On Sun, Feb 21, 2010 at 12:29 PM, Tom Lane <tgl(at)sss(dot)pgh(dot)pa(dot)us> wrote:
> Robert Haas <robertmhaas(at)gmail(dot)com> writes:
>> On Feb 20, 2010, at 10:56 PM, Tom Lane <tgl(at)sss(dot)pgh(dot)pa(dot)us> wrote:
>>> There is a very clear set of behaviors that CORL ought to have given
>>> the precedents of our other COR commands. If we don't make it do
>>> things that way then we are going to surprise users, and we are also
>>> going to paint ourselves into a corner because we won't be able to
>>> fix it later without creating compatibility gotchas.
>> Exactly. I agree completely.
> Attached is a draft patch (no doc changes) that implements CREATE OR
> REPLACE LANGUAGE following the semantics used in CREATE OR REPLACE
> FUNCTION, namely that in addition to whatever privileges you need to
> do the CREATE, you need to be owner of the existing entry if any;
> and the recorded ownership and permissions don't change. It's not bad
> at all --- net addition of 40 lines. So if we want to go at it this
> way, it's certainly feasible.
> I've got mixed feelings about the ownership check. If you get past
> the normal CREATE LANGUAGE permission checks, then either you are
> superuser, or you are database owner and you are trying to recreate
> a language from a pg_pltemplate entry with tmpldbacreate true.
> So it would fail only for a database owner who's trying to do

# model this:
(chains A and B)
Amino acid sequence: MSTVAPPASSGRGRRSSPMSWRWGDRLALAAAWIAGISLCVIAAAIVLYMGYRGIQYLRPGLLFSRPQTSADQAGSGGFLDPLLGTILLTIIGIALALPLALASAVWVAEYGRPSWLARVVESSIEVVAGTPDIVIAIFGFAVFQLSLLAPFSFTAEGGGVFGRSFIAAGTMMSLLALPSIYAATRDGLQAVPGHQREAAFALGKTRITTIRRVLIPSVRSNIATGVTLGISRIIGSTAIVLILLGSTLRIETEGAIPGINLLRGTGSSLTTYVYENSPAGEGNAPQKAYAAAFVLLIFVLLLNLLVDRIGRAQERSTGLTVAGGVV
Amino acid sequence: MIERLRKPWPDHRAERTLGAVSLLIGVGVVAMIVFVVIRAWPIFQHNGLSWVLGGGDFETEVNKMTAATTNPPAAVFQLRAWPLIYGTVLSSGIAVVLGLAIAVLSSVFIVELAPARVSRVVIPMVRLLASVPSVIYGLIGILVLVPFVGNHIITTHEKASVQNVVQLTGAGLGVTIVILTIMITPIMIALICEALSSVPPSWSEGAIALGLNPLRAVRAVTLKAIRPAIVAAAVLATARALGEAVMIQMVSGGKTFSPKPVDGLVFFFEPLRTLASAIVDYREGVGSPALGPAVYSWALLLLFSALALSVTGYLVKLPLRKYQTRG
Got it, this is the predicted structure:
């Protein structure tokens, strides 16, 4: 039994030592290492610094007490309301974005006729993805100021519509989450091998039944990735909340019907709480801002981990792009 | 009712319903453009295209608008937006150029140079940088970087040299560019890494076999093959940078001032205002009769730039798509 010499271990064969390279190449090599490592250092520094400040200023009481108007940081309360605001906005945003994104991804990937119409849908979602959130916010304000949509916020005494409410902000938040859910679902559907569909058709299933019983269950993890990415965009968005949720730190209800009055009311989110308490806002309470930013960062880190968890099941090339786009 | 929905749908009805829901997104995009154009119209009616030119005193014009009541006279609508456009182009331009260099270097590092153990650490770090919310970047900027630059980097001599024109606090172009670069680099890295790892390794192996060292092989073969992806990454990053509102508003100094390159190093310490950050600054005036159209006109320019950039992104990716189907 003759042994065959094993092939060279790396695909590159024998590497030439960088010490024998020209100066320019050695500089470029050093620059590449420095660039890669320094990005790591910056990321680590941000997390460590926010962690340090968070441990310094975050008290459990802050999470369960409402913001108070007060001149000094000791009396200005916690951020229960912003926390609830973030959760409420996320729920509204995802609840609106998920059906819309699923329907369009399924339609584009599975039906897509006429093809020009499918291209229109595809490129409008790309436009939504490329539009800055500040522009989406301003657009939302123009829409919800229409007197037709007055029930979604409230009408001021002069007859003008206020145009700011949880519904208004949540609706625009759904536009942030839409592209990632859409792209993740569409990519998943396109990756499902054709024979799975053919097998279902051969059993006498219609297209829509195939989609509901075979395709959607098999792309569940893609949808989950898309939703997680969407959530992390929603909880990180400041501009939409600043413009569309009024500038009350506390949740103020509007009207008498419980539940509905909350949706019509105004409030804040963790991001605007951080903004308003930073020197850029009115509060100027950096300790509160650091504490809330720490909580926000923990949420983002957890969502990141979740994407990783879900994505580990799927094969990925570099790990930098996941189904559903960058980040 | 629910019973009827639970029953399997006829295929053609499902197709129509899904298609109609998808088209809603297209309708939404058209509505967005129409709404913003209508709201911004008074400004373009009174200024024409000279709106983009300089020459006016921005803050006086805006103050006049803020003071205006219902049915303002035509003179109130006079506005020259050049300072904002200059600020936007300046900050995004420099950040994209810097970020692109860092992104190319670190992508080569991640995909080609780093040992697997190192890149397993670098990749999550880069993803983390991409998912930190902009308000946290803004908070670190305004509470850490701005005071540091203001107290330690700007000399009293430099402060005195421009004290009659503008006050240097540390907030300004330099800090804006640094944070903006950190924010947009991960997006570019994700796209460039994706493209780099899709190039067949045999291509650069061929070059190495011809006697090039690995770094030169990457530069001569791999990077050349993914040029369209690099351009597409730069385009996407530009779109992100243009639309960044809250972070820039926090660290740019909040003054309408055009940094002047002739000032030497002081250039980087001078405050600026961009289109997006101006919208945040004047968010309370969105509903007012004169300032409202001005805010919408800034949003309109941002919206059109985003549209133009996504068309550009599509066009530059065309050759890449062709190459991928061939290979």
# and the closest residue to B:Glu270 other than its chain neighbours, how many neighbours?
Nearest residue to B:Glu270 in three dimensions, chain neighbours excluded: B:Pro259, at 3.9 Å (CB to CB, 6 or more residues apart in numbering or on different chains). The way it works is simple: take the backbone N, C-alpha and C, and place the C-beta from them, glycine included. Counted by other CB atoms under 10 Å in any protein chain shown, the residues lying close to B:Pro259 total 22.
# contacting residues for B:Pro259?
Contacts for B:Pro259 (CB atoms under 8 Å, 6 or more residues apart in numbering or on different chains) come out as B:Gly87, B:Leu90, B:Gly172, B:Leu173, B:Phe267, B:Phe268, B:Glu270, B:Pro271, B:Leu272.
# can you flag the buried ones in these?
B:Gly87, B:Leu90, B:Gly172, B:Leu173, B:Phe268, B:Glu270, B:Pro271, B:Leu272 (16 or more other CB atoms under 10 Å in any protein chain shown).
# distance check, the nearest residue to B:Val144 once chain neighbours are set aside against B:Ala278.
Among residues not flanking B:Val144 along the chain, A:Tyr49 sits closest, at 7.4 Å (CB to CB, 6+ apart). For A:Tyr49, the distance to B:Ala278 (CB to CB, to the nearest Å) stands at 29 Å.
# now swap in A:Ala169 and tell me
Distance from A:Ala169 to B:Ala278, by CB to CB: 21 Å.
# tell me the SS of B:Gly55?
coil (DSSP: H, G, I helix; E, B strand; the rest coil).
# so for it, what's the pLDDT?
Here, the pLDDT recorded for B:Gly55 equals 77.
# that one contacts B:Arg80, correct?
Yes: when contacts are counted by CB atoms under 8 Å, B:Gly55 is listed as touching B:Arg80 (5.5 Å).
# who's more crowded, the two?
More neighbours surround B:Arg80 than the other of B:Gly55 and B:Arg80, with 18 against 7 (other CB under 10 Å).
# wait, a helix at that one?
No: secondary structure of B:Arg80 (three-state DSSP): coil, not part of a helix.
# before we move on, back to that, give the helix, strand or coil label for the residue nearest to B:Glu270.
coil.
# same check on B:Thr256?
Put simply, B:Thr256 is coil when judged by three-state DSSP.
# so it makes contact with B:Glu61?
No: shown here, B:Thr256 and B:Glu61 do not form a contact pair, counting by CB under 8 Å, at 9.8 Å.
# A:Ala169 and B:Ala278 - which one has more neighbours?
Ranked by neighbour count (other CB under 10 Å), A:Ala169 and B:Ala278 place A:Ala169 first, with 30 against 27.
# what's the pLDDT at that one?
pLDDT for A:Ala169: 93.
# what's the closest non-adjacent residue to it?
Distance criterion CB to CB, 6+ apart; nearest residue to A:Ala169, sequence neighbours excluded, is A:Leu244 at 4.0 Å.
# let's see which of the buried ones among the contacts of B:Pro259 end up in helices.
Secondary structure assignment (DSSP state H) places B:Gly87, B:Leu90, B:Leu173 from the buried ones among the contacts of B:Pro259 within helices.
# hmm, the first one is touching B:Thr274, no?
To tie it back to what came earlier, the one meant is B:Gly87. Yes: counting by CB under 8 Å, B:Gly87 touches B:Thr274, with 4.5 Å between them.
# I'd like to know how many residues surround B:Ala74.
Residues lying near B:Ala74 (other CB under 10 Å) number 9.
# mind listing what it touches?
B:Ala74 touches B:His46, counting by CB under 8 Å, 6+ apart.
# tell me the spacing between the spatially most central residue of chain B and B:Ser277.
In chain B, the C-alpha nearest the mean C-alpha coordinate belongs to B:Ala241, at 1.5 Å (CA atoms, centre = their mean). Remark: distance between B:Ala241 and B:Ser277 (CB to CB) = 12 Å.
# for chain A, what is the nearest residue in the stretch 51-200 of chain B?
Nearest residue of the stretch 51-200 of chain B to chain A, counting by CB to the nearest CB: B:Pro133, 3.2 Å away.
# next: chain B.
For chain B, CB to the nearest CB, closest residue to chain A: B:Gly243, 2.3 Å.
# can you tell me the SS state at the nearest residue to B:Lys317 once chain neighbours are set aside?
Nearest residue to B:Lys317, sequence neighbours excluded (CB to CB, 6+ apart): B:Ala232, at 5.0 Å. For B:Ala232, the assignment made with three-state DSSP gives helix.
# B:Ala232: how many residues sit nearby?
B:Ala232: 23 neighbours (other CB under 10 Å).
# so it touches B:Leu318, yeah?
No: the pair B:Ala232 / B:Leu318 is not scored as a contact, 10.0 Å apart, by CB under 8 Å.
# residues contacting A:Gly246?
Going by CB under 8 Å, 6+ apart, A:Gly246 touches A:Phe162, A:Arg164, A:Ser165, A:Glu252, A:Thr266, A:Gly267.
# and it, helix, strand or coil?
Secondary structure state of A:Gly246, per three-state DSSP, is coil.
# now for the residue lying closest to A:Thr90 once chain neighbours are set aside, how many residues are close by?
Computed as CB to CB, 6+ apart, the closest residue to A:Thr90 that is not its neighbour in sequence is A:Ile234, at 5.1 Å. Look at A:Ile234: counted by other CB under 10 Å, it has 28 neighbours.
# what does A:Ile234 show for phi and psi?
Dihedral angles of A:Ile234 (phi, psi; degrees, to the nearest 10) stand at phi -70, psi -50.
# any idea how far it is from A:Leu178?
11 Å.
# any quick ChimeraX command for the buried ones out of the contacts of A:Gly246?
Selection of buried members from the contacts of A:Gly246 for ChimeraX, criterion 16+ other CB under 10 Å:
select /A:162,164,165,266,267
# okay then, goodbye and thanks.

> C.O.R.L. on a superuser-installed language. Which arguably is a case
> we ought to allow. On the other hand, the case where not throwing an
> error would really matter is in trying to do pg_restore --single, and
> in that case even if we allowed the C.O.R.L. it would still spit up on
> the ALTER LANGUAGE OWNER that pg_dump is presumably going to emit right
> afterwards (except if using --no-owner, I guess). So I'm not sure
> we'd really be gaining much by omitting the ownership check, and it
> would certainly be less consistent with other C.O.R. commands if we
> don't apply such a check.
Well, I'm a big fan of CREATE OR REPLACE anything so I like the patch
regardless of whether it solves the current problem, but having said
that, I'm not clear on whether it does in fact solve the current
problem. When PL/pgsql is installed by default, is it going to end up
owned by the DB owner, or might it end up owned by the superuser?
If you end up applying this you might take the to fix up the gram.y
comment a little more thoroughly: CREATE [OR REPLACE] [TRUSTED]
[PROCEDURAL] LANGUAGE; DROP [PROCEDURAL] LANGUAGE.
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